Forty years after they were wrongly convicted by a jury for firebombing a grocery store in Wilmington, North Carolina, civil rights activists who became known as the "Wilmington 10" were officially pardoned by out-going Governor Beverly Perdue.
After reviewing the cases, Governor Perdue determined the convictions were "tainted by naked racism" and as a result granted pardons to every member of the Wilmington 10. According to Perdue, the key evidence that led her to grant pardons were a series of notes from the prosecutor who picked the jury. The notes showed the prosecutor intentionally selected white jurors who who were known members of the Ku Klux Klan and one Black juror who was described as an "Uncle Tom."More »
On Saturday, Bay Area filmmaker, Ryan Coogler accepted the U.S. Grand Jury Prize and the Audience Award for U.S. dramatic film at the Sundance Festival, for his original work: Fruitvale. Fruitvale centers around the life and murder of Oscar Grant, the young father who was shot dead by a Bay Area Rapid Transit (BART) police officer while lying facedown on an Oakland, CA train platform.
The 2009 incident of police brutality was captured on camera for the world to see, BART officer Johannes Mehserle fired one round into Grant's back. Mehserle later claimed he thought he was firing his taser -- one of many unbelievable missteps that occurred that night at the Fruitvale BART station.More »
On January 8, Federal Judge Shira Scheindlin issued a ruling demanding an end to the use of Stop and Frisk outside of "Clean Halls" buildings in the Bronx. Operation Clean Halls permits police to patrol, interrogate, frisk, and arrest suspected "trespassers" in 16,000 private residential buildings disproportionately located in Black and brown communities. Judge Scheindlin's ruling orders the NYPD to stop performing trespass stops outside clean halls buildings in the Bronx unless officers have reasonable suspicion beyond a "hunch".
This is the first time a federal court has found a portion of Stop and Frisk to be unconstitutional, paving the way for further legal action. But Stop and Frisk won't go away by itself — we're ready to continue our efforts in 2013. Please join our campaign to demand an end to Stop and Frisk.More »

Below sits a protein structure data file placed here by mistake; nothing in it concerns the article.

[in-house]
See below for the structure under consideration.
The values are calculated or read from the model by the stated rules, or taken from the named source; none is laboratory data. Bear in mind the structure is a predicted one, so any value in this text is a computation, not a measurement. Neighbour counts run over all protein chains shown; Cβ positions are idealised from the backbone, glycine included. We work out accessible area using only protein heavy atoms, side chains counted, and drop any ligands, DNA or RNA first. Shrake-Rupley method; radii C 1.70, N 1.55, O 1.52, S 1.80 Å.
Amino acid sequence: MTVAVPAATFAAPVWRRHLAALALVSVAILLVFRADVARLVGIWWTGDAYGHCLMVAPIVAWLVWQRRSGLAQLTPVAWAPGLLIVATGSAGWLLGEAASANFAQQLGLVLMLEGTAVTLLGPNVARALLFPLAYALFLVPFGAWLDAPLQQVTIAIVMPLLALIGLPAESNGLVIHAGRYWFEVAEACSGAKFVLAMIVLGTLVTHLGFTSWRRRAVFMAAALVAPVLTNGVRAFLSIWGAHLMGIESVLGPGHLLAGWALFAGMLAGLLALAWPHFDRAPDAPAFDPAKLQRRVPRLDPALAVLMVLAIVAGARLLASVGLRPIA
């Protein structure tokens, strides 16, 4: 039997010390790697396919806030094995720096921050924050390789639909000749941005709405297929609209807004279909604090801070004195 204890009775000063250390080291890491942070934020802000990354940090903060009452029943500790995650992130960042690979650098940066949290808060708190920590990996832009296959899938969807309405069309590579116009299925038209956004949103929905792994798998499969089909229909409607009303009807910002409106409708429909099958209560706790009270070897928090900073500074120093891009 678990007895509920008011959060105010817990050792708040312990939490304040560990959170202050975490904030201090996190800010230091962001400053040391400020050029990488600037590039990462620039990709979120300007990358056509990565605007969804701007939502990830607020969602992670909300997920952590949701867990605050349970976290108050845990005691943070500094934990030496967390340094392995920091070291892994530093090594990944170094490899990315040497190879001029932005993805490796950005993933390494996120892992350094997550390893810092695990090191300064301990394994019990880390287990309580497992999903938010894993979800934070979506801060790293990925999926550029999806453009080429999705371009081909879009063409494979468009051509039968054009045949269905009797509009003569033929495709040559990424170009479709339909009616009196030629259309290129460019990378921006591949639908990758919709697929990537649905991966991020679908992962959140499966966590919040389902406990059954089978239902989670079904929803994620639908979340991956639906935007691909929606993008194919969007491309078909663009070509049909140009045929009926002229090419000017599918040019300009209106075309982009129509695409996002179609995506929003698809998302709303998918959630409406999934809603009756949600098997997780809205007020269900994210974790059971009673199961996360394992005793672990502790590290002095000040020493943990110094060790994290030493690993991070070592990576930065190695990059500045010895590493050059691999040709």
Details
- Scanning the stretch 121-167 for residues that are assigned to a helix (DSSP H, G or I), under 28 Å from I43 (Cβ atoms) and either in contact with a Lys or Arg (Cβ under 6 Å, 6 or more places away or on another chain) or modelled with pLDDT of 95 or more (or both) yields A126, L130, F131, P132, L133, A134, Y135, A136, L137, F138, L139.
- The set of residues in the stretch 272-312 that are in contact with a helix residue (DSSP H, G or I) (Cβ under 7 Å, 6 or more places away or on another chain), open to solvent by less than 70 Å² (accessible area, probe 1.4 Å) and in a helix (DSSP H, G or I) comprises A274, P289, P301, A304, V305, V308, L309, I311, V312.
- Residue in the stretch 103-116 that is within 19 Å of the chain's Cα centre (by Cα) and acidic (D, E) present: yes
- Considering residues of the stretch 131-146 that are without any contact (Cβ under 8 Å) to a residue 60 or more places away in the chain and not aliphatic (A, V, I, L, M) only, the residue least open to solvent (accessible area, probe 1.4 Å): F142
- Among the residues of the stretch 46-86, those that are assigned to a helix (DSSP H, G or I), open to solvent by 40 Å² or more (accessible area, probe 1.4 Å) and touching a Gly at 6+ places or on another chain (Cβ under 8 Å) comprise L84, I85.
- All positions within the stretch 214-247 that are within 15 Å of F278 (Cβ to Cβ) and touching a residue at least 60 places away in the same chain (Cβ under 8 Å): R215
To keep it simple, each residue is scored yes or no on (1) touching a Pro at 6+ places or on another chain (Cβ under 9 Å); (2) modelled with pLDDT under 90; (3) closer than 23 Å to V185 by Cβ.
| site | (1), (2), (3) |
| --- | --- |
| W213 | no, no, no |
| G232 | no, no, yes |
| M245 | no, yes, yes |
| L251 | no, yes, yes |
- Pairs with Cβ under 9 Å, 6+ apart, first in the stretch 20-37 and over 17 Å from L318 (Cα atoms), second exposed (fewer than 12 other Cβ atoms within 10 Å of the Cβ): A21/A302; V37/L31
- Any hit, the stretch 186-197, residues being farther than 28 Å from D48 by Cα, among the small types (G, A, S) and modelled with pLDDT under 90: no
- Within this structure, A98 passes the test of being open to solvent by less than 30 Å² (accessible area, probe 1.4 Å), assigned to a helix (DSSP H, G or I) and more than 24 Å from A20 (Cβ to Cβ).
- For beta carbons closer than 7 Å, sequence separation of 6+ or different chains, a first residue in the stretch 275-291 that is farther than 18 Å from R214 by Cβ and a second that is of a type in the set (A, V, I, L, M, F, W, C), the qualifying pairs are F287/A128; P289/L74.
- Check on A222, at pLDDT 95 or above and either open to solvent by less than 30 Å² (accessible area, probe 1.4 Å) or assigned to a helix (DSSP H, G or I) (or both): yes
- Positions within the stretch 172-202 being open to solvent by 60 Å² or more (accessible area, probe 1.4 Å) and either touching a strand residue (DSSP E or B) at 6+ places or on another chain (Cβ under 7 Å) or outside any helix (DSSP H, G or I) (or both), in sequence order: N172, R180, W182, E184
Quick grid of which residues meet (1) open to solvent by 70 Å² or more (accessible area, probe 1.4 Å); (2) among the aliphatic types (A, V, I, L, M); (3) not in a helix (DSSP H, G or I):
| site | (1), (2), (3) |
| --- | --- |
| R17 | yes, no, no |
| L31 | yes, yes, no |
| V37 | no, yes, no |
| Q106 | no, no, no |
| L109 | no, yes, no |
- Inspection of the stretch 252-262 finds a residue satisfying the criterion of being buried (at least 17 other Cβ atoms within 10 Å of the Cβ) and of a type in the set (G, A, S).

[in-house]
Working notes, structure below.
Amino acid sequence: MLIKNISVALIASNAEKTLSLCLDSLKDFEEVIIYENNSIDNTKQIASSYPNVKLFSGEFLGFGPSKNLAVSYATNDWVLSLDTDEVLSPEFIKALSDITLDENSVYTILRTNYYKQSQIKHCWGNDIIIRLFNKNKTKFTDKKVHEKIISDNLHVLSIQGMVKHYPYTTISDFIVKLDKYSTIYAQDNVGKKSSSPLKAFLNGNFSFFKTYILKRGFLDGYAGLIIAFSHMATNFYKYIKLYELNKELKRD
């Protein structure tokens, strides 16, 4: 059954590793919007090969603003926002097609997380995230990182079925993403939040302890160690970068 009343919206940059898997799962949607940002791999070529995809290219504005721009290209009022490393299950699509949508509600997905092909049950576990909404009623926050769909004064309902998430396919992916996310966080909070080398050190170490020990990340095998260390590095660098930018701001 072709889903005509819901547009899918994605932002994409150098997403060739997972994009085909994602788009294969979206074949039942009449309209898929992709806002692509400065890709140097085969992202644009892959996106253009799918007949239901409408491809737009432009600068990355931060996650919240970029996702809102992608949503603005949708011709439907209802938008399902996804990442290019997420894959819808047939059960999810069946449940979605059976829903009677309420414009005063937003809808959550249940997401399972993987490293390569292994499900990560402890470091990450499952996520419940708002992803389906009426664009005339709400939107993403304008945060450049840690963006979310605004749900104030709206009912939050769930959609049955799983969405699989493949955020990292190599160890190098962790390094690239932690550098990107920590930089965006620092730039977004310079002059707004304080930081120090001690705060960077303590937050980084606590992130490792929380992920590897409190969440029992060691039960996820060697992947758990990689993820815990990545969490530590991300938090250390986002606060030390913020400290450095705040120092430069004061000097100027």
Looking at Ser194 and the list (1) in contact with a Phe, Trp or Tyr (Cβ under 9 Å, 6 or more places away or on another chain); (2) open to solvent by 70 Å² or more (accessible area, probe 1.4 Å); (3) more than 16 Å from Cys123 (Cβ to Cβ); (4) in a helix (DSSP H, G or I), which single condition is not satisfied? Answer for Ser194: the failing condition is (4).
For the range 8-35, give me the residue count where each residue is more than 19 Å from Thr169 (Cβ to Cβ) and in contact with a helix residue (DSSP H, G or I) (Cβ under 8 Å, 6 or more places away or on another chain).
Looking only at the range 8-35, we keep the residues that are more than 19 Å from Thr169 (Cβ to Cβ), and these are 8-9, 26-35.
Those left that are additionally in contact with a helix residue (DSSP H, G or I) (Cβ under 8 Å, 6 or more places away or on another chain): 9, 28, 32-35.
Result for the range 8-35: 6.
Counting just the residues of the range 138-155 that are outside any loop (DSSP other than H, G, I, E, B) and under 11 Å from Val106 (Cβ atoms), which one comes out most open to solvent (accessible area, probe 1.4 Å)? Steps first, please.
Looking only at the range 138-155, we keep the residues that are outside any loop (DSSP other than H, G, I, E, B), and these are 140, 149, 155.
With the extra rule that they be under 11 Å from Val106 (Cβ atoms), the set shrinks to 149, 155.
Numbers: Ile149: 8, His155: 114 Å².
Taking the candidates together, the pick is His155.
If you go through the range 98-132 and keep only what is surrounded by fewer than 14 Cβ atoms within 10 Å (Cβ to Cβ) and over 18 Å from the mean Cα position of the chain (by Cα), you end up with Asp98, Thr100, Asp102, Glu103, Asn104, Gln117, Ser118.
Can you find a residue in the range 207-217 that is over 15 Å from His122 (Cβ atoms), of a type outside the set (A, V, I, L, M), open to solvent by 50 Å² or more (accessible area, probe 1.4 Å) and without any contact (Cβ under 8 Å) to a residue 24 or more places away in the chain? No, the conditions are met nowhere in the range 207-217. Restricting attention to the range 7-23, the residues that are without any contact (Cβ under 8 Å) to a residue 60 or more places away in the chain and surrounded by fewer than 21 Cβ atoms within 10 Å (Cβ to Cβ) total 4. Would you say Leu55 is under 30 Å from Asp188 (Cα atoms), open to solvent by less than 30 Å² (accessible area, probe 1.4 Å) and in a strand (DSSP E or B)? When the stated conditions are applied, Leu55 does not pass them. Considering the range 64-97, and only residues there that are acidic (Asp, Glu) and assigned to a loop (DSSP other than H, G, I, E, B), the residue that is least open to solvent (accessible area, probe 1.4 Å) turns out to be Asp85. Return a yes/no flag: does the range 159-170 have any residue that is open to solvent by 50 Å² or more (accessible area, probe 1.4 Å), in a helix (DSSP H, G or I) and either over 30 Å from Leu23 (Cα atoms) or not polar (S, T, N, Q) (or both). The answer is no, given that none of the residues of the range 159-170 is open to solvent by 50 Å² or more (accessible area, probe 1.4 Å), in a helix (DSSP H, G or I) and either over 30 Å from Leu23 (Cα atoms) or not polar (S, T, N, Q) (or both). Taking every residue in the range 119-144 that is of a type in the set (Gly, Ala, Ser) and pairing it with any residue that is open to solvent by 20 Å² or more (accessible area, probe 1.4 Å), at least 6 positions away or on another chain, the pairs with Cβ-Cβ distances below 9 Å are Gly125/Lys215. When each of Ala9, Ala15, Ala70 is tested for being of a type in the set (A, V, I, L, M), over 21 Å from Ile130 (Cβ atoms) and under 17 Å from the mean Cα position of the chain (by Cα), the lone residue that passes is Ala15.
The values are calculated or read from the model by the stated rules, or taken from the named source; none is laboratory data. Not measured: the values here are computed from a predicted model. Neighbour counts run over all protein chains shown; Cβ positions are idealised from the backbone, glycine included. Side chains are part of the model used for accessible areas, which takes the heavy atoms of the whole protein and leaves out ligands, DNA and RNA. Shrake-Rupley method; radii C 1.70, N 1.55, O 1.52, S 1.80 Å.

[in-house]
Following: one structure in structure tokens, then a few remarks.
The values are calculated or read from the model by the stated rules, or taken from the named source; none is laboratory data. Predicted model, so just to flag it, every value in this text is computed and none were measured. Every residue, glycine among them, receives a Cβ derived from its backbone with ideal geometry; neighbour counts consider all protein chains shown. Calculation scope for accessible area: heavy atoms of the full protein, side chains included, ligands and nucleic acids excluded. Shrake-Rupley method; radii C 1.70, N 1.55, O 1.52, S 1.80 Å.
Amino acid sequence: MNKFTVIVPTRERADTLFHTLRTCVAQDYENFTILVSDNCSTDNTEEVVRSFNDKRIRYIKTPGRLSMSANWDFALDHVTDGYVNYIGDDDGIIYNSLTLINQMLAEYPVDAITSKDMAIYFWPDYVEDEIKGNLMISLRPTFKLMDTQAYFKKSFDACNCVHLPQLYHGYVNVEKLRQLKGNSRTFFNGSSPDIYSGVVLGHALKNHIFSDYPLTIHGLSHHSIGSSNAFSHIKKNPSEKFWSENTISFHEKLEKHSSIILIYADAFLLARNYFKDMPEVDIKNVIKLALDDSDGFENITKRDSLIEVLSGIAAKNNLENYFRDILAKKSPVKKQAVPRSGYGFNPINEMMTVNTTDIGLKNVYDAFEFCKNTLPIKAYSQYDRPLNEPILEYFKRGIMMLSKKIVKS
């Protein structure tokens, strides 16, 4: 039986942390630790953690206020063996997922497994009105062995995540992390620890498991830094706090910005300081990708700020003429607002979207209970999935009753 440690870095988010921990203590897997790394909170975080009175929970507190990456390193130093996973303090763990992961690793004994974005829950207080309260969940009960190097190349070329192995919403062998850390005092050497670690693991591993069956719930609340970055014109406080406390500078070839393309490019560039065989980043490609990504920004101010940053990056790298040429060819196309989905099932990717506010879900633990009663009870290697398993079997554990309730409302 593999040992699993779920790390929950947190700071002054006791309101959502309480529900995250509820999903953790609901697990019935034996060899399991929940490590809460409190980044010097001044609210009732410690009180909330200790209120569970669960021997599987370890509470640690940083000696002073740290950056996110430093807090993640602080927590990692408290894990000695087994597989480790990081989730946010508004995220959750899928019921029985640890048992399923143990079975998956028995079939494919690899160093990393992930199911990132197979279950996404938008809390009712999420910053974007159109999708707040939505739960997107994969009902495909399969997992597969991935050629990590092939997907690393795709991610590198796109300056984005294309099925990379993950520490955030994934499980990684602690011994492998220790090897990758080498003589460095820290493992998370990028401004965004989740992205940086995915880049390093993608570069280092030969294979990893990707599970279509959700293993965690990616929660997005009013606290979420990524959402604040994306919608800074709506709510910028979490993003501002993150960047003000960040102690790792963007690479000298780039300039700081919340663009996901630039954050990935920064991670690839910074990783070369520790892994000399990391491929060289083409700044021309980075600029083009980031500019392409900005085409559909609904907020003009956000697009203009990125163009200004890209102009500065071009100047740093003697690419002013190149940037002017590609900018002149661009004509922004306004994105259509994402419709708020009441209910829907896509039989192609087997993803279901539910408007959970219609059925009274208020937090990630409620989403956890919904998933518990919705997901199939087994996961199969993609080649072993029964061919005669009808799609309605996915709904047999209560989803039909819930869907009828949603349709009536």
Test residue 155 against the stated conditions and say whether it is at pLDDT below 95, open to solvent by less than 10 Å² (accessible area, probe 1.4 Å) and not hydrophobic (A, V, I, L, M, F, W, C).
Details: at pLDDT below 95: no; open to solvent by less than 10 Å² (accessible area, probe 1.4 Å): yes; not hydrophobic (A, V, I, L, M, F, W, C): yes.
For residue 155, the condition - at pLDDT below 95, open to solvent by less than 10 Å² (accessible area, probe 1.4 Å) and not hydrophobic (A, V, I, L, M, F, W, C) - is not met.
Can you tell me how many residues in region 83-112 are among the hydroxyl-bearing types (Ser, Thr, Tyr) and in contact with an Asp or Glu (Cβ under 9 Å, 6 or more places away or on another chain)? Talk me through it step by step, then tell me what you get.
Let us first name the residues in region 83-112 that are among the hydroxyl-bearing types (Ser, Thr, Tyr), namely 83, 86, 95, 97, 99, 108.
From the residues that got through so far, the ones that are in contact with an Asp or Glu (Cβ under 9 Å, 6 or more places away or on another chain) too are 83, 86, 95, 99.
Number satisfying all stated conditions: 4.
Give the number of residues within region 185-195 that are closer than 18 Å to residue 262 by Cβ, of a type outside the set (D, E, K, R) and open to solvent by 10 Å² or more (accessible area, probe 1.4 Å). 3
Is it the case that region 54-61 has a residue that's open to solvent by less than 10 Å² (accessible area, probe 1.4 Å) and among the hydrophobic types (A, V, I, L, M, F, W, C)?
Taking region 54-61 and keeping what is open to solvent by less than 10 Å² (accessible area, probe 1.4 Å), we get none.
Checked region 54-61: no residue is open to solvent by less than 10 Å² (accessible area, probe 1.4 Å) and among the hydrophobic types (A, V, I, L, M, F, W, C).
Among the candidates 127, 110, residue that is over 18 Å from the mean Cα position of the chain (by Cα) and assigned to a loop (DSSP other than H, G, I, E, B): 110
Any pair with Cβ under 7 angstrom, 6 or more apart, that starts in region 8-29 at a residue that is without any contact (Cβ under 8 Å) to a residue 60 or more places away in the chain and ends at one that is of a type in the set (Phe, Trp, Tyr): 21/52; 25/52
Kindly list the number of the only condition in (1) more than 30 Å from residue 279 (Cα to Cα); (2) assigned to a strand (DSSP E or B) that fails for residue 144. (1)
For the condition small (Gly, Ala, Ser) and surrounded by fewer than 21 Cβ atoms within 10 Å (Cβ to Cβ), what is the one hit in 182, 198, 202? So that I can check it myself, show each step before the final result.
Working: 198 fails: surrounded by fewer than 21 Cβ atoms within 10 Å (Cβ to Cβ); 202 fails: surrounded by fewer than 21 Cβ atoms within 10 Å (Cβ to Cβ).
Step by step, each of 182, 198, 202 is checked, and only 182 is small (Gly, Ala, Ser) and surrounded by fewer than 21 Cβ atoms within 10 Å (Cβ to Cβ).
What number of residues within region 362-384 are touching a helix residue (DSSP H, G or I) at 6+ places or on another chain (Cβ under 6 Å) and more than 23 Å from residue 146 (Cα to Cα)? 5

Last Wednesday, the Maryland General Assembly began its 2013 session. One major issue that the General Assembly may take on this session is a bill to repeal the death penalty. It's been a long road for advocates of a repeal. In 10 of the last 12 General Assembly sessions, bills have been introduced to repeal the death penalty but have not made it to a full vote. This year members in both chambers are expecting the bill will reach the floor for a full vote.
Proponents of overturning Maryland's draconian death penalty law appear to be within one or two votes of gaining enough political clout to push repeal through the State Senate where previous efforts have failed in years past.More »
For decades, the NRA and ALEC have worked hand in glove to pass legislation designed to increase gun sales — regardless of the human cost. In the wake of the shooting tragedy in Newtown, the NRA has unabashedly called for even more guns in our communities, recommitting itself to blocking commonsense efforts to reduce gun violence.
That's why today ColorOfChange launched a campaign highlighting ALEC's relationship with the NRA and renewing our call to ALEC's corporate funders to cut ties with the group. It's time these corporations draw the line: continuing to fund ALEC helps push NRA-drafted gun access laws that devastate our communities, and elevates gun industry profits over human lives.
Check out the email we sent to ColorOfChange members today, and join us here.More »